American people are nice, peace loving, generous people who come to the aid of people in need all over the world and this is what we respect and have a lot of admiration for.
 
It's the policies of the U.S. government which has unfortunately been the source of instability in our region for many years. The United States supported dictators. It would be amazing for American people to know what types of governments in our region have been supported by the United States.
 
STEPHANOPOULOS: So, we have a ways to go.
 
ZARIF: But the Iranians -- but the Iranians feel it with their flesh the type of regime that govern them because of the support of the U.S. Some of the countries in our region continue to experience this.
The fact that the United States supports whatever policy is followed by Israel is another indication that the United States needs to revisit some of its policies and move forward.
 
Secretary of State John Kerry
JOHN KERRY: Iran needs to take rapid steps, clear and convincing steps, to live up to the international community's requirements regarding nuclear programs, peaceful nuclear programs. They could immediately open up inspection of the Fordow facility, a secret facility and underground in the mountains. They could immediately sign the protocols, the additional protocols of the international community regarding inspections. They could offer to cease voluntarily to take enrichment above a certain level, because there's no need to have it at a higher level for a peaceful program.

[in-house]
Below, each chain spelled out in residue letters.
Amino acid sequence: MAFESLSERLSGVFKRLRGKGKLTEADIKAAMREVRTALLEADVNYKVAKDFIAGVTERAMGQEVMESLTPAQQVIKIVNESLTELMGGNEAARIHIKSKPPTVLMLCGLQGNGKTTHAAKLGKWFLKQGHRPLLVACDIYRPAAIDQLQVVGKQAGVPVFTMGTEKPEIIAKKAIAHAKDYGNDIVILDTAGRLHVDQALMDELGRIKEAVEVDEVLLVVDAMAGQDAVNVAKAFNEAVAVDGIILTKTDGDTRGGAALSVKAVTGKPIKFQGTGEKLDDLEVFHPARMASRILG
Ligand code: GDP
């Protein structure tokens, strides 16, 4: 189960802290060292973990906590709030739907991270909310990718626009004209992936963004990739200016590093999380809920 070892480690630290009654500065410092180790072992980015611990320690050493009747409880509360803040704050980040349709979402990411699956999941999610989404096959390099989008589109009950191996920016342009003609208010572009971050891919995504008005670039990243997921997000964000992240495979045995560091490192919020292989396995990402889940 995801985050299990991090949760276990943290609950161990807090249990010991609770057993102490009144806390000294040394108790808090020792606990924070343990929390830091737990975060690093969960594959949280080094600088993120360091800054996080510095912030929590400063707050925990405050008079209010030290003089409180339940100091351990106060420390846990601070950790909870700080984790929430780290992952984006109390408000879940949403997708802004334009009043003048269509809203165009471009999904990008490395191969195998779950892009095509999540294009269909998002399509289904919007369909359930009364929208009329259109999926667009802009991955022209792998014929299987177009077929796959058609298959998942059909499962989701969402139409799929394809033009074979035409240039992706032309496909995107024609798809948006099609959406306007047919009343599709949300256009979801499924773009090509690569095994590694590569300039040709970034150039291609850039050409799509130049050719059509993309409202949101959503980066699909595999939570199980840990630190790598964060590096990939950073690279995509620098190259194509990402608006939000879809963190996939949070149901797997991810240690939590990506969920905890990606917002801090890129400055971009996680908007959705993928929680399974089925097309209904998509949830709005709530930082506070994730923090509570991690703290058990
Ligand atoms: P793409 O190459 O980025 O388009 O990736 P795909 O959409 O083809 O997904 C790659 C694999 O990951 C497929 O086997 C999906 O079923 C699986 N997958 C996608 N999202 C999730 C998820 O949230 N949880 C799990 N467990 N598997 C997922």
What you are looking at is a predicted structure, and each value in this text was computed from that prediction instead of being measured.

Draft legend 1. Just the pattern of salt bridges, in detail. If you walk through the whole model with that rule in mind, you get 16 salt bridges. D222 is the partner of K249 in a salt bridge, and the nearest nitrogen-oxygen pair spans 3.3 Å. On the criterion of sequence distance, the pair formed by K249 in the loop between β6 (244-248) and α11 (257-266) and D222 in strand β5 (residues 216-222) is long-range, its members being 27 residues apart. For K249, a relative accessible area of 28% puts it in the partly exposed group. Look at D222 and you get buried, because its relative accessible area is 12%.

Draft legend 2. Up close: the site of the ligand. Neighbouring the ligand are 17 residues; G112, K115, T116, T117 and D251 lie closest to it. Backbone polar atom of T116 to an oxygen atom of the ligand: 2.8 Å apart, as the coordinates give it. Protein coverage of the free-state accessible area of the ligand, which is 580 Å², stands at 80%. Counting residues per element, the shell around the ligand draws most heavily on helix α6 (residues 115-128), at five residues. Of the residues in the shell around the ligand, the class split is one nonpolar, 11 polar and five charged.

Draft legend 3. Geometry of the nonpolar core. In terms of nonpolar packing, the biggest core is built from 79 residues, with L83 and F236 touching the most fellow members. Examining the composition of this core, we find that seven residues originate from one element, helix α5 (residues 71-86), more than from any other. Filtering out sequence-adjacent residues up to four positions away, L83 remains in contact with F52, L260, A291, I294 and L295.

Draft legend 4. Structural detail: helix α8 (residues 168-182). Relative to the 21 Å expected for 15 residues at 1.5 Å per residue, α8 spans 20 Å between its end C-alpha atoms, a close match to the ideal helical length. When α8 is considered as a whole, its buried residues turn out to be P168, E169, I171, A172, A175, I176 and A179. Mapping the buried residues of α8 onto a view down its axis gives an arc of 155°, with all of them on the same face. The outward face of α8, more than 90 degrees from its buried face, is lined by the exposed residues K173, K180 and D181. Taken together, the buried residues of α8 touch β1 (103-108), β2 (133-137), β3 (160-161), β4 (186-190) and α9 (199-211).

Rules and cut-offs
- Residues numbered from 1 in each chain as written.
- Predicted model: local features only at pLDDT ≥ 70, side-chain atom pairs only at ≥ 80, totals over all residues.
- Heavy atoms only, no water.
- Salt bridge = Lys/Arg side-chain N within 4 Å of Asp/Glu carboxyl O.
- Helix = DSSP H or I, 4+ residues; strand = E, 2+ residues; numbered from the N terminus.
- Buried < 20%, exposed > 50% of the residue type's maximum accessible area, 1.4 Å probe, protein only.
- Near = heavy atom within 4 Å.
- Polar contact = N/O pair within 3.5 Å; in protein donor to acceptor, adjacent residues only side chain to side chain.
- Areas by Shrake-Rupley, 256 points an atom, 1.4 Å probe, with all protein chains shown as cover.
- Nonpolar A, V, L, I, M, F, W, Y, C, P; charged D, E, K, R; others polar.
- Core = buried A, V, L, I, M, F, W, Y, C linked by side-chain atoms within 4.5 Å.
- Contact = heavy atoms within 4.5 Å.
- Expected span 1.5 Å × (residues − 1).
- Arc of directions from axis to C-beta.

SCOTT PELLEY: Enrichment of uranium, which is what happens at Fordow.
 
KERRY: Correct.
 
PELLEY: Throw the doors open to that place.
 
KERRY: Well, that, among other things. Look, I believe, that we have hopes. President Obama clearly welcomes President Rouhani's overtures. But words are not going to replace actions. What we need are actions that prove that we and our allies, our friends in the region, can never be threatened by this program.
 
PELLEY: But the United States would look favorably on relaxing or eliminating the sanctions if the Iranians were serious about abandoning their nuclear weapon.
 
KERRY: Well, the United States is not gonna lift the sanctions until it is clear that a very verifiable, accountable, transparent process is in place, whereby we know exactly what Iran is gonna be doing with its program. And if it does, of course.
 
PELLEY: [President] Rouhani said he'd like to have a deal in three to six months. Is that possible?